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Microorganism movement revealed with high-speed camera

With the aid of a high-speed and high-sensitivity camera, biologists at the University of Regensburg have recorded the movement of a type of microorganism called Archaea.

Archaea thrive at temperatures between 80°C and 100°C and, to study live cells and understand how they move, the scientists at the department of microbiology designed a thermal microscope where the mechanical stage can be heated to 95°C. A fluorescent dye was used to visualise the cell flagella responsible for movement.

The Archaea species Methanothermobacter thermautotrophicus studied only emits weak fluorescence, so the camera had to be very sensitive. It also had to have a high scanning frequency to be able to follow the fast-swimming microorganisms, which can travel 200 times the length of their body in one second.

Cameras from PCO were used, including the pco.1200 hs which has a frame rate of 100 images per second and is fast enough to continuously film the microorganisms at such speeds. Based on the magnification scale of the microscope it is possible to calculate the distances travelled by the Archaea from one frame to the next.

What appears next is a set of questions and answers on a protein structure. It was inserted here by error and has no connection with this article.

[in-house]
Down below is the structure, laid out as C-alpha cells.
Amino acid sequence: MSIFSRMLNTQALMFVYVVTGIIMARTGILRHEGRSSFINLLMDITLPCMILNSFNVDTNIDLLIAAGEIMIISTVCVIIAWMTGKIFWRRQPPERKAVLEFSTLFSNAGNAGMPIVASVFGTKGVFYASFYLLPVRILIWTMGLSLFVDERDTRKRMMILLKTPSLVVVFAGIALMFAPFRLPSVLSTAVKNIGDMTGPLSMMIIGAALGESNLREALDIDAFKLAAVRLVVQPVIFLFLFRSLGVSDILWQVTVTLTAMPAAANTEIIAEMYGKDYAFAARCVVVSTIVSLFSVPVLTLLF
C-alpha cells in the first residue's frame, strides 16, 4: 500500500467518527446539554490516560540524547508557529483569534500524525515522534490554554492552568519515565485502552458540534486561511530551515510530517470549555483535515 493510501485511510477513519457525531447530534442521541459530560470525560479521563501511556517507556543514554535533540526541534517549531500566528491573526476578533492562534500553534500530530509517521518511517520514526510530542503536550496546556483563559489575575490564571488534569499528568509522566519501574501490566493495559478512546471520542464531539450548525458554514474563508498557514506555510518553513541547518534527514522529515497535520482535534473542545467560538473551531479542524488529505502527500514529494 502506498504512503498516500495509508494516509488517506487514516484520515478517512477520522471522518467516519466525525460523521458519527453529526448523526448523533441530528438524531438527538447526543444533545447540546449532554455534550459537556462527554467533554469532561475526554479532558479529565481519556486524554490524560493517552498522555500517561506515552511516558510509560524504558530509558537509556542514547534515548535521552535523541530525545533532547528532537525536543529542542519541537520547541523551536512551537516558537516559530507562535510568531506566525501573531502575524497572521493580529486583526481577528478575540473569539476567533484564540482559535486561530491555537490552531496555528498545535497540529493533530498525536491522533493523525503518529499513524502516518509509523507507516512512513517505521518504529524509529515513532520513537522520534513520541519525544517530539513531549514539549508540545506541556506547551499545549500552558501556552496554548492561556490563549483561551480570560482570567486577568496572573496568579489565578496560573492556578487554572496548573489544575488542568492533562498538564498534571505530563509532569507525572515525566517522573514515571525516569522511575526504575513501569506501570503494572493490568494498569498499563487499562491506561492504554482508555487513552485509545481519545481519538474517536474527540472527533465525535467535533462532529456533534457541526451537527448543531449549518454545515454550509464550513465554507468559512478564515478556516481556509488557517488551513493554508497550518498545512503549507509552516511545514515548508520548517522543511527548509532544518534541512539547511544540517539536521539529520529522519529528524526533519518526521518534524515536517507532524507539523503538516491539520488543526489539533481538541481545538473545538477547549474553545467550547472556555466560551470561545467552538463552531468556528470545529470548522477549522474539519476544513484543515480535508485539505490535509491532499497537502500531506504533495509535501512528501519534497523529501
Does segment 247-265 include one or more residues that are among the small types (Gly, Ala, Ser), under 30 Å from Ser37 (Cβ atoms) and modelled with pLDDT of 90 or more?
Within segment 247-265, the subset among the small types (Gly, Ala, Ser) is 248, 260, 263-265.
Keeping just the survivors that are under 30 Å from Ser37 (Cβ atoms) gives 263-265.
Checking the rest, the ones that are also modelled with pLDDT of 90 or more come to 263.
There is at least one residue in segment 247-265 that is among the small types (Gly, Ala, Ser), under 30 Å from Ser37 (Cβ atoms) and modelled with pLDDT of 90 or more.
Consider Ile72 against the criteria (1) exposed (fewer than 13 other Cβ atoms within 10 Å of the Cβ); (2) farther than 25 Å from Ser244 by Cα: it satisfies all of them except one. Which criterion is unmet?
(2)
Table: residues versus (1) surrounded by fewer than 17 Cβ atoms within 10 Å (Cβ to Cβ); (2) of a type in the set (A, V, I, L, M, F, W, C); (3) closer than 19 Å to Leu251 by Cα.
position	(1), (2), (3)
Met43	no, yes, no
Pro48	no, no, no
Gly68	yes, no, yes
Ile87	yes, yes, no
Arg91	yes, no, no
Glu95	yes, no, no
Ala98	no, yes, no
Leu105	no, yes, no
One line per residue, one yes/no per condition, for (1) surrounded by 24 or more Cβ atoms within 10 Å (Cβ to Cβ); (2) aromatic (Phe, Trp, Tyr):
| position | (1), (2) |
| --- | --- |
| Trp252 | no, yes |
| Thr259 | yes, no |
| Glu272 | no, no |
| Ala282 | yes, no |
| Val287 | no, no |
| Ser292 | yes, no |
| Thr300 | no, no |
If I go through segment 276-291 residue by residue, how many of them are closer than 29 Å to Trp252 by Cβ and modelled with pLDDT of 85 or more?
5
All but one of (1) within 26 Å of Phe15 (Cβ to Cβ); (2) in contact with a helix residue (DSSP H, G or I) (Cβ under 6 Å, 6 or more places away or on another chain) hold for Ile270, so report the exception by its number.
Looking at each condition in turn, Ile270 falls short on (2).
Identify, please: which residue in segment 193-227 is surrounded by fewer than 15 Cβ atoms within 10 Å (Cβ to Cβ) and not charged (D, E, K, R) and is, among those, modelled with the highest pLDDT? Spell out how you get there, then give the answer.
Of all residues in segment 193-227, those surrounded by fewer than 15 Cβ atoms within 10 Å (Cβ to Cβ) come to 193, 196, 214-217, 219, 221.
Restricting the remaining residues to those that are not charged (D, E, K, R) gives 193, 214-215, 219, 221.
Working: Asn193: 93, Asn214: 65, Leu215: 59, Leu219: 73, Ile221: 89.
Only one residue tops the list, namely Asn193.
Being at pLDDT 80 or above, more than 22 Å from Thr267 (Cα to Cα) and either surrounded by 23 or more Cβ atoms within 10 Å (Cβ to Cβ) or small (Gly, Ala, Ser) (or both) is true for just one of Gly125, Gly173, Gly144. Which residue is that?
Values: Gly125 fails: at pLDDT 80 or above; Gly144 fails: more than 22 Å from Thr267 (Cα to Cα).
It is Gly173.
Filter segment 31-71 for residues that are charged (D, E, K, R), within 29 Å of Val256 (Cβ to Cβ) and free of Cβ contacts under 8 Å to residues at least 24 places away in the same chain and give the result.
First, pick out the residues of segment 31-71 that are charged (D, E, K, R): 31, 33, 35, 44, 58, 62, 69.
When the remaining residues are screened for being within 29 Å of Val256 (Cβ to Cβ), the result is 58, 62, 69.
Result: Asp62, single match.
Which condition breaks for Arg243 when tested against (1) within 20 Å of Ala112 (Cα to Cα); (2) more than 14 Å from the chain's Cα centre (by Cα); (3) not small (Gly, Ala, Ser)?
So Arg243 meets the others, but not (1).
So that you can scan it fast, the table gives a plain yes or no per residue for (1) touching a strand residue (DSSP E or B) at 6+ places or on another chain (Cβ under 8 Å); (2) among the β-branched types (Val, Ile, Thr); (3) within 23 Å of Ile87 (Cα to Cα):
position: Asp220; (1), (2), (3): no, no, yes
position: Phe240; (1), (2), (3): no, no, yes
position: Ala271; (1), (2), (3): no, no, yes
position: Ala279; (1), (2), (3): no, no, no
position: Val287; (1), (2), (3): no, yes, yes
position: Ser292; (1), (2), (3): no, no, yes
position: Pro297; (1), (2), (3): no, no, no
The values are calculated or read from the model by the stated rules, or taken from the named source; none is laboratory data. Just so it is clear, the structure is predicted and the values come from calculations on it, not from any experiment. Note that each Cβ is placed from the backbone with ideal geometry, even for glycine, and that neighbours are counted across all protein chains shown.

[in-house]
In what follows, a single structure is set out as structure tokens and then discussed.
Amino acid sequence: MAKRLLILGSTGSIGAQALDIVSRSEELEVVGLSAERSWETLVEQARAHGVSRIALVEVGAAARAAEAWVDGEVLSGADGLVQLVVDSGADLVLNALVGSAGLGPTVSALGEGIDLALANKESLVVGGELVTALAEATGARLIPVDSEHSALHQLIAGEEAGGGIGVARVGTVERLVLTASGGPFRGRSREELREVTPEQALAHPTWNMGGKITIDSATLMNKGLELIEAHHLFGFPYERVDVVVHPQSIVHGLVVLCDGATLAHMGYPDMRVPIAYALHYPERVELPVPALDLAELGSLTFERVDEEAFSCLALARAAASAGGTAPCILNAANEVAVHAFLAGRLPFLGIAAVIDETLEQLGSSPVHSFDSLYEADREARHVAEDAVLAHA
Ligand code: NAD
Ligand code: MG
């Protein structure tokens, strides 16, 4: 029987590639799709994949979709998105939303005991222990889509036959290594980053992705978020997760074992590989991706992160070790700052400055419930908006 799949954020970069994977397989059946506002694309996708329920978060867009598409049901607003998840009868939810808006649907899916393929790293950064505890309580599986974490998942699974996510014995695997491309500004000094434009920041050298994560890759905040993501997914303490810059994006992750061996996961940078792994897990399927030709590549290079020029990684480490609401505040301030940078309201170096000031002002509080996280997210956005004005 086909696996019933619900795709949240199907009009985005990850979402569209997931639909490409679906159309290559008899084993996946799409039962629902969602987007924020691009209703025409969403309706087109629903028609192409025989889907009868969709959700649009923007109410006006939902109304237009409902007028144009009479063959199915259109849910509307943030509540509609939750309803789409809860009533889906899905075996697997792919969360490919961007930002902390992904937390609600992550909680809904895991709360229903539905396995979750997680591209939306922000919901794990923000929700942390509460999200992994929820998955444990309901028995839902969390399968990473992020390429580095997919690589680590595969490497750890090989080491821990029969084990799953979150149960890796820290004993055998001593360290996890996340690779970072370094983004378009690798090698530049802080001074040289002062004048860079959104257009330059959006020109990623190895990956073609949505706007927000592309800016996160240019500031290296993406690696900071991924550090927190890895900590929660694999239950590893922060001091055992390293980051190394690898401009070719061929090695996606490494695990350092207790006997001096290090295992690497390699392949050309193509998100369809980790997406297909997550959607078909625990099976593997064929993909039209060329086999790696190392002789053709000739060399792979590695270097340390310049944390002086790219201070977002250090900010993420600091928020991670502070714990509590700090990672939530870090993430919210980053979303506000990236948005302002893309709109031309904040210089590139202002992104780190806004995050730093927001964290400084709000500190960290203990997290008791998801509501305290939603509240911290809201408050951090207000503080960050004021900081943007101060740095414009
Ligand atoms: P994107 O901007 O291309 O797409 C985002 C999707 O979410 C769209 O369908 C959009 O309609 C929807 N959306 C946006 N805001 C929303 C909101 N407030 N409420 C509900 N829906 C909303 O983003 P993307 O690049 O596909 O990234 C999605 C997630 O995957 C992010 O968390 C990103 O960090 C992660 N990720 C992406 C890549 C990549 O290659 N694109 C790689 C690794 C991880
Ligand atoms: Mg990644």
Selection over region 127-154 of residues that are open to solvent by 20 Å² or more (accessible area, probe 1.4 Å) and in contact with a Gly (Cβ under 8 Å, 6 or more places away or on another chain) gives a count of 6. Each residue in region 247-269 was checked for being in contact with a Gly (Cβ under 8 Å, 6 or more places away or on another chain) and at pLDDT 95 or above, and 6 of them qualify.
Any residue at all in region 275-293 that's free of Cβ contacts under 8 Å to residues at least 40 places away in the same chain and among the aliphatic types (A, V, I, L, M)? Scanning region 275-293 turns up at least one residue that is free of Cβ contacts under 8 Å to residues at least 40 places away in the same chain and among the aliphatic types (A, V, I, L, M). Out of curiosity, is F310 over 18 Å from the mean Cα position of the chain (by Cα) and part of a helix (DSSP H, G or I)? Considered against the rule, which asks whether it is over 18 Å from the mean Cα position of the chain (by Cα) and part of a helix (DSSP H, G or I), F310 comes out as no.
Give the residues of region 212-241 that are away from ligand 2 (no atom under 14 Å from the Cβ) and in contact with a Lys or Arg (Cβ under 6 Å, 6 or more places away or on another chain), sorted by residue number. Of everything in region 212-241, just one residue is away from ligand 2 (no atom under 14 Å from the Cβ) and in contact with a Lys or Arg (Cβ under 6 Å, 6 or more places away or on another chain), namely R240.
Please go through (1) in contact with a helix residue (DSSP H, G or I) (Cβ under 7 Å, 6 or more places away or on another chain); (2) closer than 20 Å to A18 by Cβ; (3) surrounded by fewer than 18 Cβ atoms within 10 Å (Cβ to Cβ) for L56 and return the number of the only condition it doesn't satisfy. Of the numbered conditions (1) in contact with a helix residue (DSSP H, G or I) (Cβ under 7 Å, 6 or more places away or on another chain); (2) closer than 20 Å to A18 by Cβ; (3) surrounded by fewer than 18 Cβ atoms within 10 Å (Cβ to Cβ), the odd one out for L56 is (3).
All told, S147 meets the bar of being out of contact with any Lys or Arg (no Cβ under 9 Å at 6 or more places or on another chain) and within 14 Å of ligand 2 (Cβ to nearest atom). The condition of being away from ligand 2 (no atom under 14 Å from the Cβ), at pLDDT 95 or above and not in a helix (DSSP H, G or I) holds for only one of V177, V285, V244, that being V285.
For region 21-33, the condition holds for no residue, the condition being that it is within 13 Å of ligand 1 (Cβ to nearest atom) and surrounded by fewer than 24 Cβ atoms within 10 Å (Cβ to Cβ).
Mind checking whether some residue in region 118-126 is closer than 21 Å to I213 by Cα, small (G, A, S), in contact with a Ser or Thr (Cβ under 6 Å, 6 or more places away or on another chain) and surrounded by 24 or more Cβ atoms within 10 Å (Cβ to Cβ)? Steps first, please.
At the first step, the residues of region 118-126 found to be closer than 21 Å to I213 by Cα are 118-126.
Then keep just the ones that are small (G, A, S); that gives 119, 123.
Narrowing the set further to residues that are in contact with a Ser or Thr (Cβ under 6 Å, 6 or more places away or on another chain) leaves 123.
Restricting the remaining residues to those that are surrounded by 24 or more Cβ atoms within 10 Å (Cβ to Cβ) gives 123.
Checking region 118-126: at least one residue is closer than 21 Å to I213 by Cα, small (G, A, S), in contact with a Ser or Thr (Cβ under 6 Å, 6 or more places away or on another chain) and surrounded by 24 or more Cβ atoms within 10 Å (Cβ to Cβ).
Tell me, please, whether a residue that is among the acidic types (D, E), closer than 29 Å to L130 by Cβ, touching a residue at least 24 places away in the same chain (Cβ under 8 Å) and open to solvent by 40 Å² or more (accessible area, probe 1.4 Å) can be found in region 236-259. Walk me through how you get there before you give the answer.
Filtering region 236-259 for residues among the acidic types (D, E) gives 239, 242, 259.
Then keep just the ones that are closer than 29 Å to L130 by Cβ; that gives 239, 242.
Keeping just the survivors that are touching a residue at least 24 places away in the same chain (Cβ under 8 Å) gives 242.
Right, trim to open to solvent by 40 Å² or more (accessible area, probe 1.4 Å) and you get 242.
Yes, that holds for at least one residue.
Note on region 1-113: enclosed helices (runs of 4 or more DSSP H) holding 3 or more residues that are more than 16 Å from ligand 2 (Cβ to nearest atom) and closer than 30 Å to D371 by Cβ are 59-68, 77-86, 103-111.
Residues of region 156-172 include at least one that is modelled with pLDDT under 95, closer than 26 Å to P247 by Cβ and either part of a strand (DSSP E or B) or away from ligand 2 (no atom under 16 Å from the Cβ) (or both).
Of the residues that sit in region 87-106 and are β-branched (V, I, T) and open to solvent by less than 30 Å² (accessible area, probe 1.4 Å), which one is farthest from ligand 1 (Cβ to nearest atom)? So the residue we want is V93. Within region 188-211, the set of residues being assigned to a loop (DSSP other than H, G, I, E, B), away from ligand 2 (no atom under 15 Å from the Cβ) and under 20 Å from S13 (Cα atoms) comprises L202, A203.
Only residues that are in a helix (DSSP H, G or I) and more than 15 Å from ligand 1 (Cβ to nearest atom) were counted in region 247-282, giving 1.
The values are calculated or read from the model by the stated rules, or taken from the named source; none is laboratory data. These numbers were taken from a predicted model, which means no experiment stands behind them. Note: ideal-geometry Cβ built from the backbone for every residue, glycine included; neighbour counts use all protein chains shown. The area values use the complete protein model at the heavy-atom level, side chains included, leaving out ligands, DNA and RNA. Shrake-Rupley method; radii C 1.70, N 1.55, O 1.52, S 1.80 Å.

The microbiologists at the University of Regensburg discovered two ‘swimming styles’. First the microorganisms jet through the water at high speed, travelling long distances in search of a suitable living environment in their biotope. It is assumed that they use the temperature gradient for orientation. Once they have found a suitable location, they slow down swimming at one-tenth of their original speed in zigzag patterns, apparently searching for a place to cling to the wall of the test tube. The team found out that the Archaea use the same organelles for both types of motion as well as for adhesion.

The team’s work is purely basic research, according to Professor Reinhard Wirth, who led the study. Nevertheless, there are aspects that could be economically valuable – the adhesive used by the Archaea to hold onto surfaces, for example, remains sticky even in boiling water, which is a property with potential for many technical applications, such as gluing silicon in microchips that become hot during operation.


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